HONG KONG, Feb 23 (Reuters) - Hong Kong's government will
gazette a bill later this week that will require community level
district councils to pledge an oath of allegiance to the
Chinese-ruled city's mini-constitution, further stifling
Secretary for Mainland and Constitutional Affairs Eric Tsang
said politicians deemed insincere would be blocked from office,
releasing details of the bill a day after a senior official in
China's cabinet said provisions should be made to ensure
"patriots" were running Hong Kong.
"The law will fulfill the constitutional responsibility of
the government," Tsang said.
"You cannot say that you are patriotic but you do not love
the leadership of the Chinese Communist Party or you do not
respect it - this does not make sense," Tsang added. "Patriotism
is holistic love."
Any district councillor suspended from office after failing
the loyalty test would be sent to court for formal
disqualification, and banned from contesting elections for five
The bill potentially paves the way for the mass
disqualification of pro-democracy politicians who took almost
ninety percent of 452 district council seats in Hong Kong in the
2019 elections, humiliating the pro-Beijing camp.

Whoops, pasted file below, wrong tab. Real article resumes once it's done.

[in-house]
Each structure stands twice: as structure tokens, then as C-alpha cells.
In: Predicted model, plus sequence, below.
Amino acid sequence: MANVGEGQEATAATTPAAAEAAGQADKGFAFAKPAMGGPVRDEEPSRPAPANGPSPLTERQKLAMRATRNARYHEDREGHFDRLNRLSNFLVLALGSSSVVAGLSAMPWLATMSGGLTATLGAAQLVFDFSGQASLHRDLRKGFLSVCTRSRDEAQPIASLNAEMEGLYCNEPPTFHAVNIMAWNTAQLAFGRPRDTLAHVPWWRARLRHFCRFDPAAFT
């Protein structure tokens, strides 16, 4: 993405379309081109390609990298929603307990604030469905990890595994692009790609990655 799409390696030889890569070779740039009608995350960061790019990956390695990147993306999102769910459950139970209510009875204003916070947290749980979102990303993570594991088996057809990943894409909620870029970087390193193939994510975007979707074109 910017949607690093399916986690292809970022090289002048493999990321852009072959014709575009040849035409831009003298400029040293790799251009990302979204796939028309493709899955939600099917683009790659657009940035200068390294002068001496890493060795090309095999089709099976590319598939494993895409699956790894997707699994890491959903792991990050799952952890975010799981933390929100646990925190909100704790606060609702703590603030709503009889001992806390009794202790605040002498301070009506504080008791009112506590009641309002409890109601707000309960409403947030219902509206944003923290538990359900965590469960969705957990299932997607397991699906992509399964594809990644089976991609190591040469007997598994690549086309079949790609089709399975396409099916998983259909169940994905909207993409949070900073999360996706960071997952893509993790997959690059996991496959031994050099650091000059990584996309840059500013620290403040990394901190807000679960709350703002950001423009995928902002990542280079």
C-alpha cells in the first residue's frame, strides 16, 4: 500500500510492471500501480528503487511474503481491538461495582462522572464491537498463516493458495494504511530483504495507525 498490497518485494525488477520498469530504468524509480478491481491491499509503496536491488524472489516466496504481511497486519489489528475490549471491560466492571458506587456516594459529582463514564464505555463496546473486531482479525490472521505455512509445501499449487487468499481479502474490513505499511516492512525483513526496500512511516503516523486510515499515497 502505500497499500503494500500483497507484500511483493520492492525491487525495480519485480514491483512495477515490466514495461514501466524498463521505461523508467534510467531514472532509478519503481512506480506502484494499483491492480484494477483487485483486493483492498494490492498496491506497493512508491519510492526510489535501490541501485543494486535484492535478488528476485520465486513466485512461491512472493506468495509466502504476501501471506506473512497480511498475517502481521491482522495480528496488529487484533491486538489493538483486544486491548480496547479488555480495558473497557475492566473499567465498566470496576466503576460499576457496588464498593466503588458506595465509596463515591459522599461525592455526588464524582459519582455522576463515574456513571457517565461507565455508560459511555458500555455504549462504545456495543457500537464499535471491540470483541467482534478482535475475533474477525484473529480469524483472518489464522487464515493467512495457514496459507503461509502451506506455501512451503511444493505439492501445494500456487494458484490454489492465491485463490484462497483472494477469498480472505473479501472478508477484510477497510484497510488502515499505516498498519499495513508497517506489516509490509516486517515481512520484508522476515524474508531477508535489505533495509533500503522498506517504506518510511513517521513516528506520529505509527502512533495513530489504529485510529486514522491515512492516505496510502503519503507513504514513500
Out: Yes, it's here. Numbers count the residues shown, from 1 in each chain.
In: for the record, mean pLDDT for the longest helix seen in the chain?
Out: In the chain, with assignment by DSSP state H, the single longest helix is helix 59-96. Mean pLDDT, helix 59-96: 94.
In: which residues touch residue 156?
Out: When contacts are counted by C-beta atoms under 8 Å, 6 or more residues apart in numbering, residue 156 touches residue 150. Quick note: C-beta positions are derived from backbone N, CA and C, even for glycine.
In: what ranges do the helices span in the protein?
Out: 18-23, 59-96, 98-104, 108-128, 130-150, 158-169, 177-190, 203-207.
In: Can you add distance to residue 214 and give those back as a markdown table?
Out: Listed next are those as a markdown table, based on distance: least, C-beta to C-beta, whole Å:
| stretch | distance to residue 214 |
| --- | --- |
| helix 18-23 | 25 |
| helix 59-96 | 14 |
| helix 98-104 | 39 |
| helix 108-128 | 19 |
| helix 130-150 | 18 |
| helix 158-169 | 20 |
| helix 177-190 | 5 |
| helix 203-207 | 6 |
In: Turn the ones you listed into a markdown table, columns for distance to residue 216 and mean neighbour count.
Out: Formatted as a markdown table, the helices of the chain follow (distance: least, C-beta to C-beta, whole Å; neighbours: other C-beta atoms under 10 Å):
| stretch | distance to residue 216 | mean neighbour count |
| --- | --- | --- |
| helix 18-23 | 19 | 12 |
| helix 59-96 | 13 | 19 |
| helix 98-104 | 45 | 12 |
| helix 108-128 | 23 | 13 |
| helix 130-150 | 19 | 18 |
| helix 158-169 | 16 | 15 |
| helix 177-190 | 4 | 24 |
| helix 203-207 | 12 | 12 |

While district councils decide little beyond community-level
issues, such as garbage collection and bus stops, Beijing and
Hong Kong authorities are determined that all public
institutions in the city must be run by people loyal to Beijing.
On Monday, Xia Baolong, director of the Hong Kong and Macao
Affairs Office of China's State Council, said Hong Kong can only
be ruled by "patriots", a term he said includes people who love
China, its constitution and the Communist Party and excludes
Hong Kong's Chief Executive Carrie Lam endorsed Beijing's
stance on Tuesday, saying the changes were needed to stop hatred
of China and sustain the 'one country, two systems' governance
model for the Asian financial hub.
Hong Kong's Legislative Council will debate the bill on
Before that, China's parliament will convene from March 5,
and is expected to impose a series of electoral changes on Hong
Kong, which critics say would strengthen the authoritarian turn
taken in the city following the imposition of a sweeping
national security law in June 2020.
Tsang announced that once the oath-taking law is passed,
four councillors would be disqualified given their earlier
disqualification from standing for Legislative Council
Henry Wong, a pro-democracy councillor from suburban Yuen
Long, said he was still deciding whether to take the oath under
the new law.
"This is just an act to legalise their brutal force in
destroying democracy voices," he said.
The district councils are the only fully democratic
institution in Hong Kong. Its Legislative Council is stacked
with pro-Beijing figures, while its chief executive is not
The district councils account for about a tenth of the votes
on a 1,200 member committee that meets every five years to elect
the city's leader. That committee, by design, is also stacked
with pro-Beijing figures.
(Reporting by Sharon Tam and Jessie Pang; Writing by Greg
Torode; Editing by Simon Cameron-Moore)